Writing Device Drivers

cv_wait() and cv_timedwait() Functions

If a thread is blocked on a condition with cv_wait(9F) and that condition does not occur, the thread would wait forever. To avoid that situation, use cv_timedwait(9F), which depends upon another thread to perform a wakeup. cv_timedwait() takes an absolute wait time as an argument. cv_timedwait() returns -1 if the time is reached and the event has not occurred. cv_timedwait() returns a positive value if the condition is met.

cv_timedwait(9F) requires an absolute wait time expressed in clock ticks since the system was last rebooted. The wait time can be determined by retrieving the current value with ddi_get_lbolt(9F). The driver usually has a maximum number of seconds or microseconds to wait, so this value is converted to clock ticks with drv_usectohz(9F) and added to the value from ddi_get_lbolt(9F).

The following example shows how to use cv_timedwait(9F) to wait up to five seconds to access the device before returning EIO to the caller.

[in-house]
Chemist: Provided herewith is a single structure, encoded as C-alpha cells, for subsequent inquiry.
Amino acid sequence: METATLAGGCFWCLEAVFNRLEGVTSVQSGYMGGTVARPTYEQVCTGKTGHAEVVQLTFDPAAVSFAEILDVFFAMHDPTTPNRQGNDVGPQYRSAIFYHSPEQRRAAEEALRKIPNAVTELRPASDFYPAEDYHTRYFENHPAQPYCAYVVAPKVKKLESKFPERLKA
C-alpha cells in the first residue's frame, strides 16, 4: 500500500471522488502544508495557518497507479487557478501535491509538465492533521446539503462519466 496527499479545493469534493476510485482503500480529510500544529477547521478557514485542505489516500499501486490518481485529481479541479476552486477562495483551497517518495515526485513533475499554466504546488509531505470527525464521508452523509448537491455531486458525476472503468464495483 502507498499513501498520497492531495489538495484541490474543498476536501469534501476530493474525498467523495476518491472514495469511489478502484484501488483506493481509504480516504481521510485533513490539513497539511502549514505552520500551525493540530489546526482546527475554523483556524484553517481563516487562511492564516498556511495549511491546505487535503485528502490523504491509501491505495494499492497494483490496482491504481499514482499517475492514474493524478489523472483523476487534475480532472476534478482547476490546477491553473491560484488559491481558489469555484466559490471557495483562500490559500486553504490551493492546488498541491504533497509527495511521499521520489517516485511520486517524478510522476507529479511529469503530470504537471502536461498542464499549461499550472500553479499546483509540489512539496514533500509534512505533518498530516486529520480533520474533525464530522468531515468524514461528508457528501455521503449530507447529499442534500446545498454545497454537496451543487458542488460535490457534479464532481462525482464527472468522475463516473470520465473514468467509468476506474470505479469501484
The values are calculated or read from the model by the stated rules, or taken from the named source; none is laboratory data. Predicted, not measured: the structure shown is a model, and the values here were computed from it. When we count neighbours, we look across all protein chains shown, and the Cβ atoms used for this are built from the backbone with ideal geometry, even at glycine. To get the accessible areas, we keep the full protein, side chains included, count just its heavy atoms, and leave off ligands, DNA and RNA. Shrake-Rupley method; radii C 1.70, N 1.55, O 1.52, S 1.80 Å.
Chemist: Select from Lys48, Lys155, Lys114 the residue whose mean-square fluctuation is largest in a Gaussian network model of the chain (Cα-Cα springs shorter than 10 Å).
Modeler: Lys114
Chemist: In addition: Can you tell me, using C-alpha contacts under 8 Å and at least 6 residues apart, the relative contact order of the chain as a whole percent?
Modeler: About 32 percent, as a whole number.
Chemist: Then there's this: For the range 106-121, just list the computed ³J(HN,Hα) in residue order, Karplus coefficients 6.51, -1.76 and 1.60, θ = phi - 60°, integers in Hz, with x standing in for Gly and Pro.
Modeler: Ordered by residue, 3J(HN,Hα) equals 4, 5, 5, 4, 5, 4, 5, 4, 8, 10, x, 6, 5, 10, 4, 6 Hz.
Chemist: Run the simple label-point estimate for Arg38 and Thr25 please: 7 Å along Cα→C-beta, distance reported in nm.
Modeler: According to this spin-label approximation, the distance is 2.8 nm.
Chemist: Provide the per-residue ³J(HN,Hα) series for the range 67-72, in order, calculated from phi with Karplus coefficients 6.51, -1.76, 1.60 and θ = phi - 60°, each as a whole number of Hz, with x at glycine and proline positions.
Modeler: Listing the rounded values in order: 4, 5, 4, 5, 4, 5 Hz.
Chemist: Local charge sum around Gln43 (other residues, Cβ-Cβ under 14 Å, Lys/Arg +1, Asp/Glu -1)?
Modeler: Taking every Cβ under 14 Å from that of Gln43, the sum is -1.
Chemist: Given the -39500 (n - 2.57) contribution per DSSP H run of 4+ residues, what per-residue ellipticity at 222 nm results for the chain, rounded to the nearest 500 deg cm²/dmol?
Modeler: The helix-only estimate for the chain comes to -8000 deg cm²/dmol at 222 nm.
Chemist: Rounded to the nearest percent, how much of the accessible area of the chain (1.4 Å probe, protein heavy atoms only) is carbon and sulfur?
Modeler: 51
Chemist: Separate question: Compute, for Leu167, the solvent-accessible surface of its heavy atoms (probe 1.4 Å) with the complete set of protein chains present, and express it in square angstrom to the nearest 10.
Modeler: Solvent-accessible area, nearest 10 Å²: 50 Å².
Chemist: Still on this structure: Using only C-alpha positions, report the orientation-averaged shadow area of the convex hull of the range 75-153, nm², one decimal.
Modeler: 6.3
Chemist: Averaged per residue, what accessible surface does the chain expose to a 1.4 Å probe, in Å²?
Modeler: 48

Example 3–2 Using cv_timedwait()

clock_t            cur_ticks, to;
while (xsp->busy) {
        cur_ticks = ddi_get_lbolt();
        to = cur_ticks + drv_usectohz(5000000); /* 5 seconds from now */
        if (cv_timedwait(&xsp->cv, &xsp->mu, to) == -1) {
                 * The timeout time 'to' was reached without the
                 * condition being signaled.
                /* tidy up and exit */
                return (EIO);
xsp->busy = 1;

Although device driver writers generally prefer to use cv_timedwait(9F) over cv_wait(9F), sometimes cv_wait(9F) is a better choice. For example, cv_wait(9F) is better if a driver is waiting on the following conditions: